Children could also learn about the life cycle of bees through this activity. Homeschool Preschool has free worksheet printables about bees for preschoolers. The National Geographic: Bees and TIME For Kids: A Bee's Life are great resource books with vivid pictures and informative text for children to learn more about bees.
10. Campsite Small World
The great outdoors is terrific inspiration and fodder for imaginative play. There's no better place for children's imagination to run wild. Here's a way to bring inaccessible parts of nature indoor -- set up an indoor campsite.
An indoor campsite small world at home allows children to pretend to live in the wild, sight wild animals and forage wild plants -- all from the safety of home. They could learn more about what it takes to survive in the wilderness -- collecting logs for starting fires, finding shelter, seeking subsistence and hiding from predators etc.
My setup was easy -- a blanket draped over my toddler's Pikler Triangle, a campfire crafted from toilet paper (TP) rolls and crepe paper and a "In the Forest" National Geographic Kids book for topic exploration and learning.
Campfire songs and stories would be a great way to wrap up this campsite small world play.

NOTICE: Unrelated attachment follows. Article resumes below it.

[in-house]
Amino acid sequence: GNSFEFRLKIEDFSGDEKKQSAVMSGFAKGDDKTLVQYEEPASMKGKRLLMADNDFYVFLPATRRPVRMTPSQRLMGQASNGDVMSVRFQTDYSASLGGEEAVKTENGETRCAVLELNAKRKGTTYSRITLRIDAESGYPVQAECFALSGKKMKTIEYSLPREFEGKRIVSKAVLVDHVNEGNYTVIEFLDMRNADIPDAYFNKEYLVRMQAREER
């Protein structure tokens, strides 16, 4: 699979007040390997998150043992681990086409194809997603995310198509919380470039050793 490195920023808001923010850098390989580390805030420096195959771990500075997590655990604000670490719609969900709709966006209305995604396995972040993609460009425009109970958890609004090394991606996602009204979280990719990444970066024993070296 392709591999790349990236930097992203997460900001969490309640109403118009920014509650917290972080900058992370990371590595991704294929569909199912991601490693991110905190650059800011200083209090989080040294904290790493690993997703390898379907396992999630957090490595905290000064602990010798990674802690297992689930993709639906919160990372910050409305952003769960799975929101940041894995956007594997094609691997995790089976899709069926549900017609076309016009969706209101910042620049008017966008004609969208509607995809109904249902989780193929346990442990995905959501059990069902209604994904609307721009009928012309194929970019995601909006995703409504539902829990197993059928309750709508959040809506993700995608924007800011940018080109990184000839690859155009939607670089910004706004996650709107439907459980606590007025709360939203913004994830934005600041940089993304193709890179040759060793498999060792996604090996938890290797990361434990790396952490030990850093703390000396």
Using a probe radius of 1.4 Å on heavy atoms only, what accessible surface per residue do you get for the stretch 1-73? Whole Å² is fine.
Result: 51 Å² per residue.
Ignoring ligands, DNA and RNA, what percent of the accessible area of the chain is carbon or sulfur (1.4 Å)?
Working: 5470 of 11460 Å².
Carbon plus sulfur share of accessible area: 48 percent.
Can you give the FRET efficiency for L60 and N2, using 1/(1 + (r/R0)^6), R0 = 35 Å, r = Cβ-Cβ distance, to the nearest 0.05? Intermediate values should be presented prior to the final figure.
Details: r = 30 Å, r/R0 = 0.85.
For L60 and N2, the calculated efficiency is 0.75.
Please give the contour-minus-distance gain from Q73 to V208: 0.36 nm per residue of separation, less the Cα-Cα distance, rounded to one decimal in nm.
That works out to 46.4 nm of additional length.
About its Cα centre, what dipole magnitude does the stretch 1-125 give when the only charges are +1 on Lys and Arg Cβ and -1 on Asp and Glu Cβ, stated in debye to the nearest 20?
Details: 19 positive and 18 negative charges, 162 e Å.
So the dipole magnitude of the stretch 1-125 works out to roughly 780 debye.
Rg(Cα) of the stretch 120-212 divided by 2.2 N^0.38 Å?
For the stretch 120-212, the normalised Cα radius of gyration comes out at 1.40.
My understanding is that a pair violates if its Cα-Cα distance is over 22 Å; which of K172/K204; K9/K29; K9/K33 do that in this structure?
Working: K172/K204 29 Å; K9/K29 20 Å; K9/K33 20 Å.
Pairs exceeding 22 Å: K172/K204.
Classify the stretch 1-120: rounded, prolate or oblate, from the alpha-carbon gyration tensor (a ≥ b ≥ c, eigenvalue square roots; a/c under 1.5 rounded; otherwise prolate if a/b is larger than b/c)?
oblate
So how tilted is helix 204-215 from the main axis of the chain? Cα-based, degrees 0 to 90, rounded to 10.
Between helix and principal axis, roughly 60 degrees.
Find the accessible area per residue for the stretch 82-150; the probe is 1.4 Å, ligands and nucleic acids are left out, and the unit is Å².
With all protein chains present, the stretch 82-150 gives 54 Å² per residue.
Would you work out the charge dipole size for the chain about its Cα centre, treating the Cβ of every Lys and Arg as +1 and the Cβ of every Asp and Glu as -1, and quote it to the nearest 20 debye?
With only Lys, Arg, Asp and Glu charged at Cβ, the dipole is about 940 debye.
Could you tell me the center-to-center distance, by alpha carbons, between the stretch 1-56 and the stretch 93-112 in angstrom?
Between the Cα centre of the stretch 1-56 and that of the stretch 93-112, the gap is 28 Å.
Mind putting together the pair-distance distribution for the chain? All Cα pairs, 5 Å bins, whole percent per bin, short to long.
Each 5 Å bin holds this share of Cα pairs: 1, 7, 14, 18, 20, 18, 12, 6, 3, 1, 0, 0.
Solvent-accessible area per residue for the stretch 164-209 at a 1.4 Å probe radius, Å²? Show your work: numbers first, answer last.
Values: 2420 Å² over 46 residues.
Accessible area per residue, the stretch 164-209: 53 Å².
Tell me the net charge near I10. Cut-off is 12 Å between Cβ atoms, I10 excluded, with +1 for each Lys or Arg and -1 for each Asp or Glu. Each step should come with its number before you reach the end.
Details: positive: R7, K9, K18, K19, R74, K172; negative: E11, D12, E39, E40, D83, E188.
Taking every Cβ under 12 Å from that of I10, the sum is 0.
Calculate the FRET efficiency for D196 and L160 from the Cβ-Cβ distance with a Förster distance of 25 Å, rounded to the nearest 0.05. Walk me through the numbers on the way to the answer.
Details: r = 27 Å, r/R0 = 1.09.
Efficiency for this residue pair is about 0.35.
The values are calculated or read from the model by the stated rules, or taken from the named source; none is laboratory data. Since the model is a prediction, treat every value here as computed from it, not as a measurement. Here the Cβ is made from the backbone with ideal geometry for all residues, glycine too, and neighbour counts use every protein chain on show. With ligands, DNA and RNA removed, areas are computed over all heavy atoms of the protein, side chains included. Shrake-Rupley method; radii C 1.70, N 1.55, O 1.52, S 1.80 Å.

Benefits of Small World Play
Small world play builds imagination through pretend play. Small worlds allow children to play the role of the “director” and autonomously develop their own ideas. During small world play, children get the opportunity to make logical connections in the stories they create ("The elephant is thirsty and has to find a watehole to drink water.")
Small world play enables learning about diverse ecosystems. Small world play allow children to experience varied environments and act out scenarios in them -- from the comfort of their home, in a safe controlled setting, that is not influenced by weather, illness, inaccessibility or geographical remoteness. Small worlds provide clear visual references and bring to life habitats and living environments children mostly read about in books. Through small world play, children could make comparisons to their own living environments, and understand diversity in ecosystems and life.
Small world play enhances emotional development. Small worlds provide children with opportunities to re-enact experiences and learnings from their lives. There is no right or wrong in small world play and children could freely and safely explore and experiment with emotions and act out scenarios (otherwise unattainable in real life) in their small world play.